So on a score between one and five, how do you think business is likely to rate those interventions as having improved the business environment to invest?

BUSISIWE MAVUSO: This is not all doom and gloom tomorrow. I think it’s going to have to be important, and I think I’ve actually said as much in one of my articles. But I think we are going into this investment conference under a different climate where, to a point, Fifi, the self-generation for 100MW – that lifting of the licence [requirement] happened. We are going to be announcing bid window six soon. Two reform measures from the ports front … have been announced around the opening up of the port for increased private sector participation, and the second one being the establishment of the Transnet National Ports Authority operating as an independent company.

We have just seen spectrum being auctioned last week, raking in R14.4 billion. The red tape [team] has actually been announced and … appointed. We had a brilliant conversation with [the head?] last week as big business.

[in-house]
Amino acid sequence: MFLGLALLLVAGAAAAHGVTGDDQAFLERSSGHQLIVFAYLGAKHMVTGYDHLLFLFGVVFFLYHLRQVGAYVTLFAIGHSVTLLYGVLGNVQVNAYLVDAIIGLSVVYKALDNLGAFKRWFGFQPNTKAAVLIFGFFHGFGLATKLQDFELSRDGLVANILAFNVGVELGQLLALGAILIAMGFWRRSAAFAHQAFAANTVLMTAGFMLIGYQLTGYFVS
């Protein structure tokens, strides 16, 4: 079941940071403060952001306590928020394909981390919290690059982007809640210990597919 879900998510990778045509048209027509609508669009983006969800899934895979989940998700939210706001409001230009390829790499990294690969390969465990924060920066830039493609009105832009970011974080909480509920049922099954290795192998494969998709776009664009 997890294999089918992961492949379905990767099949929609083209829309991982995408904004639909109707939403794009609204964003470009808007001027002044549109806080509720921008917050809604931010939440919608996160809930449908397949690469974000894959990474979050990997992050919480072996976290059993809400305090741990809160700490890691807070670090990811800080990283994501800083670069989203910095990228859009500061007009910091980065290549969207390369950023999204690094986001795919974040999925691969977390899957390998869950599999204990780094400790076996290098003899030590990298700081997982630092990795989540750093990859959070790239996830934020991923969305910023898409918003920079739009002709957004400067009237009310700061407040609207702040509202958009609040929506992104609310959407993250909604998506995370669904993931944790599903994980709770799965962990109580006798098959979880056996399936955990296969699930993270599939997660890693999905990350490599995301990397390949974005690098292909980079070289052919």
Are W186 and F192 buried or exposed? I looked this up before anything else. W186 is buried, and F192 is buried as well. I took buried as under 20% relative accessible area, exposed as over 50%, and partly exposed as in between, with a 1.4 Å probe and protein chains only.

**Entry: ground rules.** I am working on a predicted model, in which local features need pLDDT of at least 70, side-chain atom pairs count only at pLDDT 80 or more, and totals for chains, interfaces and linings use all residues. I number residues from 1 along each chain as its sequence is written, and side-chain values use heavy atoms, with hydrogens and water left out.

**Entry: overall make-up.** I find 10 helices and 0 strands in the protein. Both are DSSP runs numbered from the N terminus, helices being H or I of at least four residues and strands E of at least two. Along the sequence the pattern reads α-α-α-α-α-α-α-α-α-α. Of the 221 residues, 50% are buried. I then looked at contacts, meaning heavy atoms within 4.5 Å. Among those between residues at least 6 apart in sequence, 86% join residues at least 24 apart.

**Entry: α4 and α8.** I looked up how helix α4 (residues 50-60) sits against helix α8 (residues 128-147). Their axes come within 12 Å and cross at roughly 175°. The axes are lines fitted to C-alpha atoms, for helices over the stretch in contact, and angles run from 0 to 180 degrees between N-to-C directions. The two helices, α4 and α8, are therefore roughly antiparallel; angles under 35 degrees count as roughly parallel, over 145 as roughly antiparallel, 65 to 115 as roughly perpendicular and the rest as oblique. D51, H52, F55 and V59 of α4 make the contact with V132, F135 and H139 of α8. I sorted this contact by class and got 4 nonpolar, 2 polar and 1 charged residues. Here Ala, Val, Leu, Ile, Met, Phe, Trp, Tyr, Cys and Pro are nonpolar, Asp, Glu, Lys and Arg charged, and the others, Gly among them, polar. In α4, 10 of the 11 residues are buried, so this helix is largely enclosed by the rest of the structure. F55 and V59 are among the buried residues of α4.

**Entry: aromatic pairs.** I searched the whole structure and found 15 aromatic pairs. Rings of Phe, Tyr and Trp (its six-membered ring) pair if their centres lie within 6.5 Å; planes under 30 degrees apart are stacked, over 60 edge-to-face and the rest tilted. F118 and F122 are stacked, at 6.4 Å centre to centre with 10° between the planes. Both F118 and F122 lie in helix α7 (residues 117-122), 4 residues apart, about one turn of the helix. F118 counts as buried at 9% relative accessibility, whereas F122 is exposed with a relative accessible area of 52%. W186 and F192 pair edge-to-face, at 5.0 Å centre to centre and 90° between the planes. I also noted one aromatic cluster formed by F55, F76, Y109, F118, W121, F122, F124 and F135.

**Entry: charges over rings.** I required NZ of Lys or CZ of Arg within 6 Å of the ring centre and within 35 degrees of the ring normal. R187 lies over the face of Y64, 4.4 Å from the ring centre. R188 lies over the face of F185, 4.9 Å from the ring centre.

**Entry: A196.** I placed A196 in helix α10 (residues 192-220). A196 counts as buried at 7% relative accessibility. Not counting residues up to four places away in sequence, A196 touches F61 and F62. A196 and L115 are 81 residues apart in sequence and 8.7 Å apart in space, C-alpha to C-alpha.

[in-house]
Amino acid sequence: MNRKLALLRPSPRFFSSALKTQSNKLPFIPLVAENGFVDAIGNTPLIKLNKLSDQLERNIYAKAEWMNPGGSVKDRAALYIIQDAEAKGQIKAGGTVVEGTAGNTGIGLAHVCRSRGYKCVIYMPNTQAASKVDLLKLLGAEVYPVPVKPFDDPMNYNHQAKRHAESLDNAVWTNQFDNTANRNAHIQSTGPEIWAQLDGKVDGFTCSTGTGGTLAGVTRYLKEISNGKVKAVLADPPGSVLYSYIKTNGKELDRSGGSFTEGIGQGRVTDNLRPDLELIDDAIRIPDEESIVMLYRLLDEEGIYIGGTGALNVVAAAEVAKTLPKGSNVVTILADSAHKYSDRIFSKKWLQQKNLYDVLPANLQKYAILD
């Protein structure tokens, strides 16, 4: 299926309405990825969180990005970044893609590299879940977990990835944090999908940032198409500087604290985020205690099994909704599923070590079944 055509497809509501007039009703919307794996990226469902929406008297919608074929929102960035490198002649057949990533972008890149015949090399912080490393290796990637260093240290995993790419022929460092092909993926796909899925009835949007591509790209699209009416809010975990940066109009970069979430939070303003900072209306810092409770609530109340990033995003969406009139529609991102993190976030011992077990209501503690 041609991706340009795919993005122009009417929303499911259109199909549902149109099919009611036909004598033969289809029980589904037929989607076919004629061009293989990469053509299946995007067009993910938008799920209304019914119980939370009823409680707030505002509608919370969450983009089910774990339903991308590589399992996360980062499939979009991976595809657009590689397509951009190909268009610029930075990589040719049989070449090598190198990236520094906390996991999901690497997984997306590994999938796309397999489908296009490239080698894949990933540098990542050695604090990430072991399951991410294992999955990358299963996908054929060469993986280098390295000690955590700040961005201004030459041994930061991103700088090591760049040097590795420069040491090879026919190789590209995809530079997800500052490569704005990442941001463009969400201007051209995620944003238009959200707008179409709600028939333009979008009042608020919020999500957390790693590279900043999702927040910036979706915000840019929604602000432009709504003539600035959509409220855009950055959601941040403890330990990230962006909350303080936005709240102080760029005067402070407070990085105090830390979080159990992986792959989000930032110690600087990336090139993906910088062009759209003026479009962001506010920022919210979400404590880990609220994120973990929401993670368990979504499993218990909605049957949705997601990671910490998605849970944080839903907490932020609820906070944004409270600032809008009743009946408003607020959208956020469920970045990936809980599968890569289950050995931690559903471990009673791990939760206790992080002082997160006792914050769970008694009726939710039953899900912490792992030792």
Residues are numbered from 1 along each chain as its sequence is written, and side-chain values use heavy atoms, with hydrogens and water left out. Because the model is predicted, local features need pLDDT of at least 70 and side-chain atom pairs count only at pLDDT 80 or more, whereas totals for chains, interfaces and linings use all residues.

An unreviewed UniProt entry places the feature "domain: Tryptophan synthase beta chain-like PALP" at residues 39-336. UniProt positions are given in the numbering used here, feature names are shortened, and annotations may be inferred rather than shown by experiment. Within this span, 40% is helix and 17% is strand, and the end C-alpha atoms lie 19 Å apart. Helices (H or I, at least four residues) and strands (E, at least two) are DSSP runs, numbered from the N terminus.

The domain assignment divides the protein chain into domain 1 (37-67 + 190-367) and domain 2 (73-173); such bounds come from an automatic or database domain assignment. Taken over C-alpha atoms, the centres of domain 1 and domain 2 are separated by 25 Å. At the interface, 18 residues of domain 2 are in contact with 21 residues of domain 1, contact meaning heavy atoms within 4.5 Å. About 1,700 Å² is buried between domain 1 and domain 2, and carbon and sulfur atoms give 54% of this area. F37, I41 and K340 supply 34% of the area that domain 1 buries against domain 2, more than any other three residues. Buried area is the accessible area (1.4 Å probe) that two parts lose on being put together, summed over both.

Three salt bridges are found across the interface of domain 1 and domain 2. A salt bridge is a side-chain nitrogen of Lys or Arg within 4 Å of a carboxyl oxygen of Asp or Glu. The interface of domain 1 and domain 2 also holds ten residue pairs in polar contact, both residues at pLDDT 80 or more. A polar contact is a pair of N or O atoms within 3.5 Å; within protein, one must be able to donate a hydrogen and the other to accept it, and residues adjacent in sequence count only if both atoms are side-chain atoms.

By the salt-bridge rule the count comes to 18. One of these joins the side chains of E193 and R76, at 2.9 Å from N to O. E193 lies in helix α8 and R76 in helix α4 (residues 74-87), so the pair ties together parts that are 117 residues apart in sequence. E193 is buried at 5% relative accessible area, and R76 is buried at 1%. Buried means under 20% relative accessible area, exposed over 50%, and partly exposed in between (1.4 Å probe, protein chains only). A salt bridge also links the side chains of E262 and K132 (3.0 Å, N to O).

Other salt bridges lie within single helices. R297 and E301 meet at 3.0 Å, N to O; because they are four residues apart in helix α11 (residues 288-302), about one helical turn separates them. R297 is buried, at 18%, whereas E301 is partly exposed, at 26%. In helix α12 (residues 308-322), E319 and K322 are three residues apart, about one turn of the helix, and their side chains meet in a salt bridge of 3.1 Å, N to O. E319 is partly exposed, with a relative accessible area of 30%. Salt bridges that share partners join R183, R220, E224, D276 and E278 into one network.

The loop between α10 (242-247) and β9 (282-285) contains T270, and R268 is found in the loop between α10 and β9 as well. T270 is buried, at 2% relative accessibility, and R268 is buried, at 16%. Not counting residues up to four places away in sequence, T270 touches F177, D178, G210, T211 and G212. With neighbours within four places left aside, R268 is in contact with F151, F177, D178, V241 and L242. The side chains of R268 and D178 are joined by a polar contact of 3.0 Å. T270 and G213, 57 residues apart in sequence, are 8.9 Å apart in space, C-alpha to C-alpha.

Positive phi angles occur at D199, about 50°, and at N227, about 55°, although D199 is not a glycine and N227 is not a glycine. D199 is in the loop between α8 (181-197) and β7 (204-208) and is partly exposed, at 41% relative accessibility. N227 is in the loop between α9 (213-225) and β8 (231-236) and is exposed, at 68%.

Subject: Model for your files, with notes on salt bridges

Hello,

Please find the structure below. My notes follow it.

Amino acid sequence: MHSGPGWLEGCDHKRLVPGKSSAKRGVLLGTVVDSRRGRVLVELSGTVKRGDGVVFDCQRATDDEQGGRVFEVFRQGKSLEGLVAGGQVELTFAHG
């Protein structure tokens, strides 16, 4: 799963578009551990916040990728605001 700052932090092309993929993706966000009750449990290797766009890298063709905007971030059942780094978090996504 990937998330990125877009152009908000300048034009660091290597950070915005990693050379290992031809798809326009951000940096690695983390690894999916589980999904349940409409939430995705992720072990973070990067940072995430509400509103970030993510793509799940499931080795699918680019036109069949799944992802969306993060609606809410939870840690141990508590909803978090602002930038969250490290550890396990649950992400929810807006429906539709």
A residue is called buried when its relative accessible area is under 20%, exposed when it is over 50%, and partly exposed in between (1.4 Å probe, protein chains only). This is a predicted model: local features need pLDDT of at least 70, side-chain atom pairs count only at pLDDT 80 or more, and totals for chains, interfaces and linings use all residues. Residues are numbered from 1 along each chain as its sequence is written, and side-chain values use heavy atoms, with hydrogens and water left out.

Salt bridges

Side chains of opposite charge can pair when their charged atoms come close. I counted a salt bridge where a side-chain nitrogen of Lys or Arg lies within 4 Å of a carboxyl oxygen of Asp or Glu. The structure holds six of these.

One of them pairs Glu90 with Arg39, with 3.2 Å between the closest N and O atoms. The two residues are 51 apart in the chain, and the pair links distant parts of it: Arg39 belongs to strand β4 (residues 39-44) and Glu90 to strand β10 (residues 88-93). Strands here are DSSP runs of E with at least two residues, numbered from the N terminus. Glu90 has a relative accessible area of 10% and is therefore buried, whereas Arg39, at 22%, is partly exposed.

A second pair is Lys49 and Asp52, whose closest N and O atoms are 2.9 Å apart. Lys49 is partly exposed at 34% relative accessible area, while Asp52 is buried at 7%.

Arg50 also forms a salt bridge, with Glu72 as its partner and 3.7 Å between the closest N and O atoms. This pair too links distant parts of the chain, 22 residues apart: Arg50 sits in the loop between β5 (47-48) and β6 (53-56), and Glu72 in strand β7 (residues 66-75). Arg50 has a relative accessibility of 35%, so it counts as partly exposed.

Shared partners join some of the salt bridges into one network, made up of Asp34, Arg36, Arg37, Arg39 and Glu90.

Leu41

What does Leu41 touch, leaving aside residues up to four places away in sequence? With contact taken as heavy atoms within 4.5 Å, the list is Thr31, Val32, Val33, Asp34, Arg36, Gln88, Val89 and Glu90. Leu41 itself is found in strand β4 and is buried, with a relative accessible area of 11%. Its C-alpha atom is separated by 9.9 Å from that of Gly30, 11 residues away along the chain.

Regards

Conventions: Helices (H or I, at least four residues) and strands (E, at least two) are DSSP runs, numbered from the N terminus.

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We also had the efforts on the SOE reform front, where you’ve got the feedback …… that is actually looking at what SOE reform is going to look like. So we are actually going into this with some form of a positive spin, as it were.

So, from a reform perspective, we are moving along, Fifi, and I must say that it was also very encouraging to see a positive pro-business ideological shift, if I may call it that, from both the president during the Sona, as well as the finance minister during the budget speech.

So I think it is … definitely a different climate.

But if I were to be sceptical, I would say that everything that the president has been saying we have had before. I think now it’s time to say how we actually accelerate the implementation… The economy’s at the edge of the precipice. We cannot be moving on this low pace when we’re sitting with 70% unemployment in terms of young people that are unemployed, [with a] 45.6% unemployment in terms of the standard definition, where you have more people that are unemployed than those that are employed in all the provinces except Gauteng and the Western Cape.

So we cannot continue doing what we have done and think that were going to get a different result, because we’ve been saying these things under different bad economic conditions. Our economic conditions have worsened.